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El Paso Congressman Holds Town Hall Meetings on the Bus

10:57 AM EDT on October 30, 2013

Congressman Beto O'Rourke takes constituent outreach seriously. Not satisfied that he was reaching a broad enough segment of his El Paso constituents with traditional town-hall meetings, the freshman Democrat has taken up an unorthodox approach: holding discussions on local buses.

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Americans for Transit's Rider's Blog caught up with O'Rourke recently and asked him to explain:

When I campaigned for Congress I campaigned on accountability and transparency and said I would host monthly town hall meetings and quarterly veterans town hall meeting, both of which we’ve done. So we were around the office saying, these meetings are great, we get a lot of people at them and great questions, are reaching a lot of people, but what’s the next step? How can we do better?

We came up with the idea of taking the town hall to a population that typically do not show up to our regular town halls, and these are the customers on our public transit system. In El Paso, unlike some other communities, people who ride the bus do so, for the most part, because they can’t afford a car. Unlike DC or NYC or Boston, there are no parking issues, but it (public transit) is really an affordability issue. I felt like this was a population that was very underrepresented in our town halls and I wanted to have a chance to reach them.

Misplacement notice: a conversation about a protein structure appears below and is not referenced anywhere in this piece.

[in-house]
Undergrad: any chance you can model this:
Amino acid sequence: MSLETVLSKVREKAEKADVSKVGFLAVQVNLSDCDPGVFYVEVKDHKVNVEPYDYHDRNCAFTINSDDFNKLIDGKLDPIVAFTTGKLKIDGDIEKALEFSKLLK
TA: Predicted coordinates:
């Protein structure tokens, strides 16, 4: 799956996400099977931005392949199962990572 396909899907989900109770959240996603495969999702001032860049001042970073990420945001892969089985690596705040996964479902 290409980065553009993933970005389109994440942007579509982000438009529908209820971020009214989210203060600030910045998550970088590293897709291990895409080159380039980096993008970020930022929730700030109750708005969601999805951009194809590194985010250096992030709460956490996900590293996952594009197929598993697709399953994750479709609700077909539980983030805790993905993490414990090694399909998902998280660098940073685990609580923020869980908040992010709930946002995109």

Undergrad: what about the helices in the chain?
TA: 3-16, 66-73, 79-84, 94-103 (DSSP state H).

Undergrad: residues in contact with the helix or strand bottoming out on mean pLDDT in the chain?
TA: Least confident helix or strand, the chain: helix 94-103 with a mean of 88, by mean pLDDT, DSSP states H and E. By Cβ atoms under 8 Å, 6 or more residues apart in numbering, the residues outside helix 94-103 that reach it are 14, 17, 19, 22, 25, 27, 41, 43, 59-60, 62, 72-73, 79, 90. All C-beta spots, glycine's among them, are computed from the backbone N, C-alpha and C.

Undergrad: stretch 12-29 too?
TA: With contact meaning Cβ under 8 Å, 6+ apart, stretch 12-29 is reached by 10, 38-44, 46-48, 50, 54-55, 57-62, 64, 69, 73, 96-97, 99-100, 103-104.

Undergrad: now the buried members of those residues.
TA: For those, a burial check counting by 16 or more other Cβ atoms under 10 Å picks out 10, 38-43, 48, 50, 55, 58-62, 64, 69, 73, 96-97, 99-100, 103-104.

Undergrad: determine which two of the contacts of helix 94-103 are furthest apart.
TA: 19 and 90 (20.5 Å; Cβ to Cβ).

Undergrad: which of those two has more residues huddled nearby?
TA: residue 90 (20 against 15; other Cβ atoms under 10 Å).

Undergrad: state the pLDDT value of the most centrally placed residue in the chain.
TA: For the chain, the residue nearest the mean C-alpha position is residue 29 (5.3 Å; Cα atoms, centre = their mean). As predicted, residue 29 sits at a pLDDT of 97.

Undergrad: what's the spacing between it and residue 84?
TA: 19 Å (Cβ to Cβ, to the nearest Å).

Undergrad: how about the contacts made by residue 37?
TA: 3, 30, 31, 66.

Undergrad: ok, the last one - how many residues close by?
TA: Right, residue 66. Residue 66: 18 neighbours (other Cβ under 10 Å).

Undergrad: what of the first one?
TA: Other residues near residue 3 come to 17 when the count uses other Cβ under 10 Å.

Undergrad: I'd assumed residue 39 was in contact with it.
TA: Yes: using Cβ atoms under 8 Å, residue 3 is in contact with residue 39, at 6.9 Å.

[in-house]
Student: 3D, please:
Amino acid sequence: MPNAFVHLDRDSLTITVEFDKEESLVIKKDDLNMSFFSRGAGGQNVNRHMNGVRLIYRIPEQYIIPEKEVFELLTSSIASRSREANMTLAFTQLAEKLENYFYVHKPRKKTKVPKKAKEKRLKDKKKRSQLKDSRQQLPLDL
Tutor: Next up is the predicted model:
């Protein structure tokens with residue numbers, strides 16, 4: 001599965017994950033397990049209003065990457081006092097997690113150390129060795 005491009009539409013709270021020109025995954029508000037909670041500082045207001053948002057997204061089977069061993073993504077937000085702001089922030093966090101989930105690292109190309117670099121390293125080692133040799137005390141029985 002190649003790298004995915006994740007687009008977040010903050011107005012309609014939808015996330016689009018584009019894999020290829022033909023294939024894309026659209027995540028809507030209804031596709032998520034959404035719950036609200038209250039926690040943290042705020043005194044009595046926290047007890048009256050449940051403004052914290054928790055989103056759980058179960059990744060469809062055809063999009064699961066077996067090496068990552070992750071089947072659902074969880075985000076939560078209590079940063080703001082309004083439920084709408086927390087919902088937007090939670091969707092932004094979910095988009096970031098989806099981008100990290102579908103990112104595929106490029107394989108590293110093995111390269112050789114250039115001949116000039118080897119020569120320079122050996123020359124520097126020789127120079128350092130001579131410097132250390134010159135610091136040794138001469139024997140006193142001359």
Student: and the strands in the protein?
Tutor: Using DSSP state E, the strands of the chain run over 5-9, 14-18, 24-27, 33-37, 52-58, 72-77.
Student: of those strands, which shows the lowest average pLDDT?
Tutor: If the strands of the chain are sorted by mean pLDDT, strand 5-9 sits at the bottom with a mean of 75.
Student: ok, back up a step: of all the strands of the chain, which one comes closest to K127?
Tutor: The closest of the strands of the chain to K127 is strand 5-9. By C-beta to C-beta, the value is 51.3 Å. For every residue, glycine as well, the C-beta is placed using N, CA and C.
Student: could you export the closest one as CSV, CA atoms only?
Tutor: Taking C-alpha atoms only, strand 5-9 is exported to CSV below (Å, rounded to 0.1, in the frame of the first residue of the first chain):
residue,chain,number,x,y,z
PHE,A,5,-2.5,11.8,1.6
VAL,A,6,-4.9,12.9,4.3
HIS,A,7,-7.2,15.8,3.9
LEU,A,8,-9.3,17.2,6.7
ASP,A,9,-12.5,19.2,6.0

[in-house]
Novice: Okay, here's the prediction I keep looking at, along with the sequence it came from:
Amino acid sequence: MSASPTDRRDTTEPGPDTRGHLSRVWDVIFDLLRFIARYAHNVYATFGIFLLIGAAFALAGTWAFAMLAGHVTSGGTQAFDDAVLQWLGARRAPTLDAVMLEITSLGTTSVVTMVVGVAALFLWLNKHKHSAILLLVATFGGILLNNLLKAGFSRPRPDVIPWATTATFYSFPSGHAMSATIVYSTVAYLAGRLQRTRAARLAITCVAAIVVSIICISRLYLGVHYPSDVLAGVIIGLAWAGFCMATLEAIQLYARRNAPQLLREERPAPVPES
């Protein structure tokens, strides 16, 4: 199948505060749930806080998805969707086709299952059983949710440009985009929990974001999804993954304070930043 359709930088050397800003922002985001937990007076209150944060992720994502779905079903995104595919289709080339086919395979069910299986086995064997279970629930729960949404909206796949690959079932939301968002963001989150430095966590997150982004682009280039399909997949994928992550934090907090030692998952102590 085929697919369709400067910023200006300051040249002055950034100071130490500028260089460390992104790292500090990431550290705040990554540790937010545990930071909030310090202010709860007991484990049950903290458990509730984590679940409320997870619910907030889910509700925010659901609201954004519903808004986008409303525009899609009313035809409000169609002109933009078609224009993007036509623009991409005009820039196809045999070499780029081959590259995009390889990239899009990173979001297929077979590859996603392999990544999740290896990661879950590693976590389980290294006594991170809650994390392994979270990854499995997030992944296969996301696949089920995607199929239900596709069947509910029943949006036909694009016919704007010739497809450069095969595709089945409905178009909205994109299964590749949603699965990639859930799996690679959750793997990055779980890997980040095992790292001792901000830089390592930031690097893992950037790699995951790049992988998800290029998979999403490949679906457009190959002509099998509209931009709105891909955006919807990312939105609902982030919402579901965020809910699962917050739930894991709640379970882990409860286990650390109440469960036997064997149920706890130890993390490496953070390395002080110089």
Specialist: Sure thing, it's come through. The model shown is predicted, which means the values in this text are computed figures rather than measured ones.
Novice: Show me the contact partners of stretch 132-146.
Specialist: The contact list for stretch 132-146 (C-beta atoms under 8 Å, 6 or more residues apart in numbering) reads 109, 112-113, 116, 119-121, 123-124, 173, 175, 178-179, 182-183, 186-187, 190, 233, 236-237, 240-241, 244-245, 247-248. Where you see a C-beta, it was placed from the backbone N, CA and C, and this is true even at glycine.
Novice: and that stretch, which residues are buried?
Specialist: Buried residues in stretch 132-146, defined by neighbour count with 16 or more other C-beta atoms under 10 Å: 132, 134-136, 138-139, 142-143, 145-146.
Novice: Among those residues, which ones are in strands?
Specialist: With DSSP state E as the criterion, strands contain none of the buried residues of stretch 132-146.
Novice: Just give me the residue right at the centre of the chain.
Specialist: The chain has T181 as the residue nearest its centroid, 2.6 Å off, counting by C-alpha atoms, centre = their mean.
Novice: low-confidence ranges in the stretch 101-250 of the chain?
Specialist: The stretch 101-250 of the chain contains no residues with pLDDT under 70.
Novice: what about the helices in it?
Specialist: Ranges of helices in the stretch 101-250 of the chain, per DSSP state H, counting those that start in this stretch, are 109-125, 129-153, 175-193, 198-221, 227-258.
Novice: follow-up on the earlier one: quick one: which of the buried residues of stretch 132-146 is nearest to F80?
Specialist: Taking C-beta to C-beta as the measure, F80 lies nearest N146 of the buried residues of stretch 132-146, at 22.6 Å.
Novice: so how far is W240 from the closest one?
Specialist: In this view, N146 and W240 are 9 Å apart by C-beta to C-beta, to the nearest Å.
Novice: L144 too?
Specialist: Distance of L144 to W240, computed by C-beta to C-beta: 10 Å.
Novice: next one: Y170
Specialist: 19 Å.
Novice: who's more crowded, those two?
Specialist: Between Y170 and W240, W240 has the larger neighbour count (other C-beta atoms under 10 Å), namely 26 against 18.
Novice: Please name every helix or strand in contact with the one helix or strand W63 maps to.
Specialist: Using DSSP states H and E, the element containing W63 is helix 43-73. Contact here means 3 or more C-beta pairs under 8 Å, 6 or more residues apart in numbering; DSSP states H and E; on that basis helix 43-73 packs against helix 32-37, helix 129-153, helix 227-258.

The Congressman says he holds the town halls just like he would a regular one, explaining what he's been working on in Congress and then opening the floor to questions. And he reports that transit riders have been pretty engaged:

During the portions of the route that were less busy I had a chance to sit down and introduce myself to each rider, ask them if there was anything we could help them with, and we got a lot of takers. There was a woman who is a US citizen, was born here, her mother is not, but her mother has been living here for 35 years. She wanted us to help with her mother’s citizen application process, which we are very happy to do.

How many Congress members ever set foot on a bus, let alone go out of their way to get in touch with riders?

Elsewhere on the Network today: Peninsula Transportation Alternatives explains how the San Francisco Giants reduced car trips to games by almost one half. Bike Portland reports that the city is starting to see a market for high-end, car-lite housing. And Boston Biker relays that a family grieving for their son, who was struck by a truck driver while biking, will sue the trucking company, alleging negligence.

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